Diet Soda Linked To Increased Risk For Stroke And Dementia
Sugar-sweetened beverages are known to raise risk for heart disease, obesity, diabetes and early death. Artificially-sweetened beverages, however, also have health risks of their own.
Diet Drinks And Increased Risk For Dementia And Stroke
A new study published in the journal Stroke has revealed that those who drink at least one of these beverages daily have nearly three times the risk of suffering from stroke or dementia.
For the new study, researchers looked at the data of 4,300 participants in the Framingham Heart Study, a medical research of the National Heart, Lung, and Blood Institute and Boston University.
They found that over the next 10 years, individuals who drink one artificially-sweetened soft drink per day have nearly three times the risk of suffering from ischemic stroke than those who never drink these beverages. Ischemic stroke happens when an artery to the brain is blocked.
The researchers also found that those who drink one artificially-sweetened soft drink a day have nearly three times the increased risk of getting diagnosed with dementia than those who don't.
The findings showed that people who drink at least one artificially-sweetened beverage a day are 2.96 times more likely to suffer from ischemic stroke and 2.89 times more likely to develop Alzheimer's disease, the most common form of dementia, which is characterized by decline in memory and other thinking skills.
"After adjustments for age, sex, education (for analysis of dementia), caloric intake, diet quality, physical activity, and smoking, higher recent and higher cumulative intake of artificially sweetened soft drinks were associated with an increased risk of ischemic stroke, all-cause dementia, and Alzheimer's disease dementia," the researchers wrote in their study.
Other Health Risks Posed By Diet Drinks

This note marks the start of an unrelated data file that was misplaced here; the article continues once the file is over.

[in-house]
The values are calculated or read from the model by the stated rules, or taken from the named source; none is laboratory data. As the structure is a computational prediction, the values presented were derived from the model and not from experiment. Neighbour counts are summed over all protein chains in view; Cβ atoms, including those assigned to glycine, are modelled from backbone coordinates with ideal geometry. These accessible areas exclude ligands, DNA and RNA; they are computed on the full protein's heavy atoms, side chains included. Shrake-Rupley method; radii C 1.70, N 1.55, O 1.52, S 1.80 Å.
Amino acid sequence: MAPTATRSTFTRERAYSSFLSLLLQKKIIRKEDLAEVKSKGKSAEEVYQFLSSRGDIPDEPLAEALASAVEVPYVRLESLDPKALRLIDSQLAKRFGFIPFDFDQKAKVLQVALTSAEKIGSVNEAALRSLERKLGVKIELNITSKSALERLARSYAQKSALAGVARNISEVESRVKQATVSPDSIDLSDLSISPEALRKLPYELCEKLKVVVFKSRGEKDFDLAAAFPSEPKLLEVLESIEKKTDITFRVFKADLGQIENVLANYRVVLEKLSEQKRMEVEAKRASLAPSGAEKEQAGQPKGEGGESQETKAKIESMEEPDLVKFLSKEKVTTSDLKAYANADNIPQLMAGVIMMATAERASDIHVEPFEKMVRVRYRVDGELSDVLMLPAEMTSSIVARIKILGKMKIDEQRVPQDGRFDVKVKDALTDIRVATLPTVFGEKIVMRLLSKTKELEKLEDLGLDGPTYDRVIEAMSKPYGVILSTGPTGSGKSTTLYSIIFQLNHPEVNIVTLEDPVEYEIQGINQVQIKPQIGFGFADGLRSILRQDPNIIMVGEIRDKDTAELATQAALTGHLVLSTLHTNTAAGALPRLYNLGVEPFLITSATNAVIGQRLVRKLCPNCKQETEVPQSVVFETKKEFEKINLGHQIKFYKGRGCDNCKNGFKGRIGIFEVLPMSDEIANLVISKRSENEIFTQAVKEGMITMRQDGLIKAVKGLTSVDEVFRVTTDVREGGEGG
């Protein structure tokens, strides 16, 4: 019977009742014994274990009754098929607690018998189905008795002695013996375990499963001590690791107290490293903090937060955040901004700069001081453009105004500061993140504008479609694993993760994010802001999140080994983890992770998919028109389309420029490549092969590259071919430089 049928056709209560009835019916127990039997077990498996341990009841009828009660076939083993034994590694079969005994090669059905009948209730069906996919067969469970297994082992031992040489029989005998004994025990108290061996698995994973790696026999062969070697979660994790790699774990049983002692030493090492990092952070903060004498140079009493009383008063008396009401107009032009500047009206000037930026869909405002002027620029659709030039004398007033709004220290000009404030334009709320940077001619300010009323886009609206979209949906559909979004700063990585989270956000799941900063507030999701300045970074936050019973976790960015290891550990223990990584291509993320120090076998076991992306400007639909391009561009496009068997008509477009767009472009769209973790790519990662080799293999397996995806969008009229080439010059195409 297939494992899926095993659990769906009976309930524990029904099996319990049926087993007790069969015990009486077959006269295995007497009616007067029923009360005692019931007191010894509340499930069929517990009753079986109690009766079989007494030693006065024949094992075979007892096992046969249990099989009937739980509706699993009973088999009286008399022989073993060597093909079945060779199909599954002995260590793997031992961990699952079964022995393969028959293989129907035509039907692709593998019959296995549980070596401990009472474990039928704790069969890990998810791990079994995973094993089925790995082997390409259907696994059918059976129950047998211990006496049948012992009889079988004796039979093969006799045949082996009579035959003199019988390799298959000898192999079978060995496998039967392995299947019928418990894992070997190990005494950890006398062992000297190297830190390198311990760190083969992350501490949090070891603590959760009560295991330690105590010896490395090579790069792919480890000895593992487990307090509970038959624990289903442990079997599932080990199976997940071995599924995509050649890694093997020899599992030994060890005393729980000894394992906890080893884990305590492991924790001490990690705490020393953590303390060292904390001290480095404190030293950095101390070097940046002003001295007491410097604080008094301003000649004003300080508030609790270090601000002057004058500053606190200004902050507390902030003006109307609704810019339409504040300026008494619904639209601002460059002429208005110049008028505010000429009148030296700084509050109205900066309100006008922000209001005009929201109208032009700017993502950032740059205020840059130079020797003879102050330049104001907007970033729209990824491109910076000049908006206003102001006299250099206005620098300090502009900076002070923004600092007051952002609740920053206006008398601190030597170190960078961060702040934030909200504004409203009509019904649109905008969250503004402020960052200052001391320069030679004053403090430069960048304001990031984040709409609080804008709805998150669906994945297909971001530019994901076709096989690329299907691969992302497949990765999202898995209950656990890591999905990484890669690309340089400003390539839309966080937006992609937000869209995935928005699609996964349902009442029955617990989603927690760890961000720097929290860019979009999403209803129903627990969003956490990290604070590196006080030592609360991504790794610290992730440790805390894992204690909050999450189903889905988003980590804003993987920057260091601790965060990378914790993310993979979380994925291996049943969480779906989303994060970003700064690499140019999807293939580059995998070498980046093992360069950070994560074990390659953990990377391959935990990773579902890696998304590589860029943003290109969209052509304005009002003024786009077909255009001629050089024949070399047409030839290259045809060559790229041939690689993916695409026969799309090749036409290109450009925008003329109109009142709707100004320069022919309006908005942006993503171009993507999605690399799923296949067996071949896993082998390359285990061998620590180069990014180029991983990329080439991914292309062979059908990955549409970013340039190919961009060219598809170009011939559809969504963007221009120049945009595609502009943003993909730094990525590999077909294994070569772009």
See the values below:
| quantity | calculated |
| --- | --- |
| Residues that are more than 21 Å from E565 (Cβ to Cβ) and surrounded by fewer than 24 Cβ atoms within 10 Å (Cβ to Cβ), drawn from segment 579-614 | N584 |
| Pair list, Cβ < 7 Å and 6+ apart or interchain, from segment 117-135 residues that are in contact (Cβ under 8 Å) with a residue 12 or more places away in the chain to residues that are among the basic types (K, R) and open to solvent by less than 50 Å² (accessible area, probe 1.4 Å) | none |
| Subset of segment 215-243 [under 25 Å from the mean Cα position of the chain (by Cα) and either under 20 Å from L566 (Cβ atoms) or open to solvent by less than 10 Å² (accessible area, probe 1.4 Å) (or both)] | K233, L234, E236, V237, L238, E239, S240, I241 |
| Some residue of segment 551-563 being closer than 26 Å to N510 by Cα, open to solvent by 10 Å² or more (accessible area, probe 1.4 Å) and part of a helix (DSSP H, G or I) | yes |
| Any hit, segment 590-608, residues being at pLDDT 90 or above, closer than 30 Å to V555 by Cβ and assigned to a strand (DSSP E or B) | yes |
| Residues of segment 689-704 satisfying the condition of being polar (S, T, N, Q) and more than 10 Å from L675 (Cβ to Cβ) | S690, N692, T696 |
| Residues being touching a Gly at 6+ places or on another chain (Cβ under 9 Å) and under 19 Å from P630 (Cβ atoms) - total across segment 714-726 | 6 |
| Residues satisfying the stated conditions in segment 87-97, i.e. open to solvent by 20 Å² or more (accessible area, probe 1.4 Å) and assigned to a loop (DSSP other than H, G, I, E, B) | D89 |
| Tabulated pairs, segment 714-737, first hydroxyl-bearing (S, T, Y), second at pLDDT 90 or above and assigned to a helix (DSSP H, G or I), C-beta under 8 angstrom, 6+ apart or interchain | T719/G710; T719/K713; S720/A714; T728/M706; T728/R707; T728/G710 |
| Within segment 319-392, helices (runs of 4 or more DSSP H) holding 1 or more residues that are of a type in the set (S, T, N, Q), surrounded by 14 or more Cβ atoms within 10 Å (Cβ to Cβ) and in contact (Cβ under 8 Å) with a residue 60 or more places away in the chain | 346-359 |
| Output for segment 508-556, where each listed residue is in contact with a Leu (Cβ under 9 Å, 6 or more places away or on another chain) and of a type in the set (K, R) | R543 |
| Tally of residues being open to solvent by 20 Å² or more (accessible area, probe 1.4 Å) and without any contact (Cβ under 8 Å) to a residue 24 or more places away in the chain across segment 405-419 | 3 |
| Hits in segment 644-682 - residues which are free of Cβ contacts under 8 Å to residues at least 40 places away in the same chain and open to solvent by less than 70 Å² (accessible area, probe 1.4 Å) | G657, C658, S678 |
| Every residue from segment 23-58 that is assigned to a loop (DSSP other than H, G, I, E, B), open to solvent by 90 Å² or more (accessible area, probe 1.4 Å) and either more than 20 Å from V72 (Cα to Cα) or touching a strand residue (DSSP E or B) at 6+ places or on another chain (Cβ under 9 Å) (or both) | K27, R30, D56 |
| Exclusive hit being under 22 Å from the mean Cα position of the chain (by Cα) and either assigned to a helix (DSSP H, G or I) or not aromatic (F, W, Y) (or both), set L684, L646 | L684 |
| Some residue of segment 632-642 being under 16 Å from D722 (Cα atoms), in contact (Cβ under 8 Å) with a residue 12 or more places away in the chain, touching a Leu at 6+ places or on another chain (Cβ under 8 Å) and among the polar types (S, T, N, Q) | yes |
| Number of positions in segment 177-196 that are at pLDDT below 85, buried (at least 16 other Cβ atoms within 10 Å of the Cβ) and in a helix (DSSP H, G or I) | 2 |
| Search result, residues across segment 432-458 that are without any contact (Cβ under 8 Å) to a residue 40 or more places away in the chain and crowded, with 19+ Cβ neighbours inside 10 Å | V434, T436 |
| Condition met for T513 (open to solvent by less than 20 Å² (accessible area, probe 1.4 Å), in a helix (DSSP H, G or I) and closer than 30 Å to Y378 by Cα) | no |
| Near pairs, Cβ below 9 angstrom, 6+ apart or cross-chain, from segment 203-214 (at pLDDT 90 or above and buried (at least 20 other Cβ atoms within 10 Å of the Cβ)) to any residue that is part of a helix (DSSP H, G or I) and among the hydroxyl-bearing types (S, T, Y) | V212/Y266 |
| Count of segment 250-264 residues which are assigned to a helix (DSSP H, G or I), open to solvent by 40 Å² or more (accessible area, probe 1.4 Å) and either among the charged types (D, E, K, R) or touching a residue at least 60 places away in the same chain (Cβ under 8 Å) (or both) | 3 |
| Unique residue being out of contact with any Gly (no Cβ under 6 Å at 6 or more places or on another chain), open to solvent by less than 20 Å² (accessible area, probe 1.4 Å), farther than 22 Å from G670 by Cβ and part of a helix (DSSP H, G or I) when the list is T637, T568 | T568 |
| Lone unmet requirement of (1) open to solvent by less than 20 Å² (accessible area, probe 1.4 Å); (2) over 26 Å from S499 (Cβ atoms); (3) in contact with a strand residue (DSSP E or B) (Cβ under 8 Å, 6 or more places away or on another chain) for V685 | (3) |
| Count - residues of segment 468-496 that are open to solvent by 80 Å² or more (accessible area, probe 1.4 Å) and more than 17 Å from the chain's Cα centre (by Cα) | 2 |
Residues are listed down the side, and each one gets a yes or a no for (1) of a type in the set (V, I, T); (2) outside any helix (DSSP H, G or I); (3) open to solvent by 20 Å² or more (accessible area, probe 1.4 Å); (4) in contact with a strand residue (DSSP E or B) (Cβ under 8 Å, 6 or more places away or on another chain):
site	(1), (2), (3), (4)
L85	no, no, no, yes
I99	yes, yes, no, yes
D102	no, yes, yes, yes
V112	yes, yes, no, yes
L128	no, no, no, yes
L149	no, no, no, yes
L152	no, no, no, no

The research though is an observational study, which means it did not prove a causal link between consumption of diet drinks and stroke and dementia. Nonetheless, it is not the first time that a study hinted the health risks associated with consuming beverages that use artificial sweeteners.
In a 2015 study, researchers found that risk for heart failure increases by 23 percent with daily consumption of at least two cans of diet soda and other artificially-sweetened beverages that fall under the diet drink category.
Some people resort to diet drinks in an effort to lose weight but studies also appear to contradict this idea. A 2014 study found that overweight adults who replace their sugar-sweetened beverages for diet drinks get to actually consume more calories than those who drink regular sugary beverages. Worse, people may even gain more fat in the abdominal area when they consume diet drinks.
"There are many studies now suggesting detrimental effects of sugary beverages, but I think we also need to consider the possibility that diet drinks may not be healthy alternatives," said Matthew Pase, from Boston University School of Medicine, who is part of the new study on diet drinks and their link to dementia and stroke.
"We can't show cause and effect in this study as it is observational in design, but given the popularity of diet drinks we desperately need more research on this question."